What reasons could there possibly be for him to remain in power? He’s losing to the West on all key points. Brute military force remains the only trump card at his disposal. Geared for total war, the militarized regime of the Soviet Union probably determined this way of thinking for Putin. It necessarily leads to his aggressive rhetoric – enemies abound, we must unite around our beloved Central Party Committee, Brezhnev and Putin, or perish.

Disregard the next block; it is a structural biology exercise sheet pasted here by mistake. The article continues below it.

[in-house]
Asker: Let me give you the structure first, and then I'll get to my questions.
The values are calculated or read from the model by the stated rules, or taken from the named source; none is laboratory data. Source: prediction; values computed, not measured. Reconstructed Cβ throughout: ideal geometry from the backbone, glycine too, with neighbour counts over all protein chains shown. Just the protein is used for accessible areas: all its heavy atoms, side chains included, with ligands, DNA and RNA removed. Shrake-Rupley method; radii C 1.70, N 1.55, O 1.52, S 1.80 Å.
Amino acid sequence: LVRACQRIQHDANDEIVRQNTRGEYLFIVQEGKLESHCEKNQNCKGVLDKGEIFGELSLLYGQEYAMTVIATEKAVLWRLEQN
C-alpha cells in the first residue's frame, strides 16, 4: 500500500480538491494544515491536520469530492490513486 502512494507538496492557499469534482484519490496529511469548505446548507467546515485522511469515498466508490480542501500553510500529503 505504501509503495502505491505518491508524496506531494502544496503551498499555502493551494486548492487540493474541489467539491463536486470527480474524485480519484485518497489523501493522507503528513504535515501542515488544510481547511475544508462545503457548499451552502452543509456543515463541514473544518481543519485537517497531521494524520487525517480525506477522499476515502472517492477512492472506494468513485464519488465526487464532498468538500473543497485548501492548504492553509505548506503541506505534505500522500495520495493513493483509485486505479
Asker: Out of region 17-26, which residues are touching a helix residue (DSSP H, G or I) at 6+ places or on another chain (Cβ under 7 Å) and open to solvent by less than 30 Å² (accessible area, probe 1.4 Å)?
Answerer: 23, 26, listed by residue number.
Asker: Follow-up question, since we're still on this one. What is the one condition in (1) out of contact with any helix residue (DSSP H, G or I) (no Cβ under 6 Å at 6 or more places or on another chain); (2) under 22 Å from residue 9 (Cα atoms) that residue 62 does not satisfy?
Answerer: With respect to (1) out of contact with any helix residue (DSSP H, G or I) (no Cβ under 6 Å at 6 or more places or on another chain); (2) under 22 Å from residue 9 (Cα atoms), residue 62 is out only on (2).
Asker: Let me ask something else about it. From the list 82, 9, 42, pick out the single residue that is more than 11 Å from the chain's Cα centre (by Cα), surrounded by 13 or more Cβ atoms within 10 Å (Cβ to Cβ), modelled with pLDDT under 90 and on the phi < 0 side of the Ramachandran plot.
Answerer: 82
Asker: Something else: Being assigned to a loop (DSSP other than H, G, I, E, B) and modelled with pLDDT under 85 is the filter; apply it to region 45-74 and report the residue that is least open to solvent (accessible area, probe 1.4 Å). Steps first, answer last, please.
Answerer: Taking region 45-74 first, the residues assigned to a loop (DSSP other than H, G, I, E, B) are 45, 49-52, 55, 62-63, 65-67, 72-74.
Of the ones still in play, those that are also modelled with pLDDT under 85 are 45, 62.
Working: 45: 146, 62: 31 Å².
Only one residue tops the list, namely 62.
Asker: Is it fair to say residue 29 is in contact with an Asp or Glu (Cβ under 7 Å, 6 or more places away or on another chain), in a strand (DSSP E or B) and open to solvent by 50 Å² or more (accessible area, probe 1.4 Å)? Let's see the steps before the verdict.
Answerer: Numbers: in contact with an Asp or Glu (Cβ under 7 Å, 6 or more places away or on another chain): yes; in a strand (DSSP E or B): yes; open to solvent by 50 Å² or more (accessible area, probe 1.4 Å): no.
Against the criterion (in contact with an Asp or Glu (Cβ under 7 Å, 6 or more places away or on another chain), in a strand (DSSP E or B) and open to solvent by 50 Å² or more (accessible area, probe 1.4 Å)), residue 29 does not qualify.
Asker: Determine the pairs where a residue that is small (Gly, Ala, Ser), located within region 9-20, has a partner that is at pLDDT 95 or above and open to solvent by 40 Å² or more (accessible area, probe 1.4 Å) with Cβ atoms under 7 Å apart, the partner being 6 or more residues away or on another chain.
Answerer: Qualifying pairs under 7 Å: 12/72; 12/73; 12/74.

And, should an opportunity present itself, we could pounce and snatch some land for ourselves. We snatched Crimea from Ukraine, like we tried to snatch Afghanistan before that. But nabbing neighbors’ territories is a short-term solution to a long-term problem.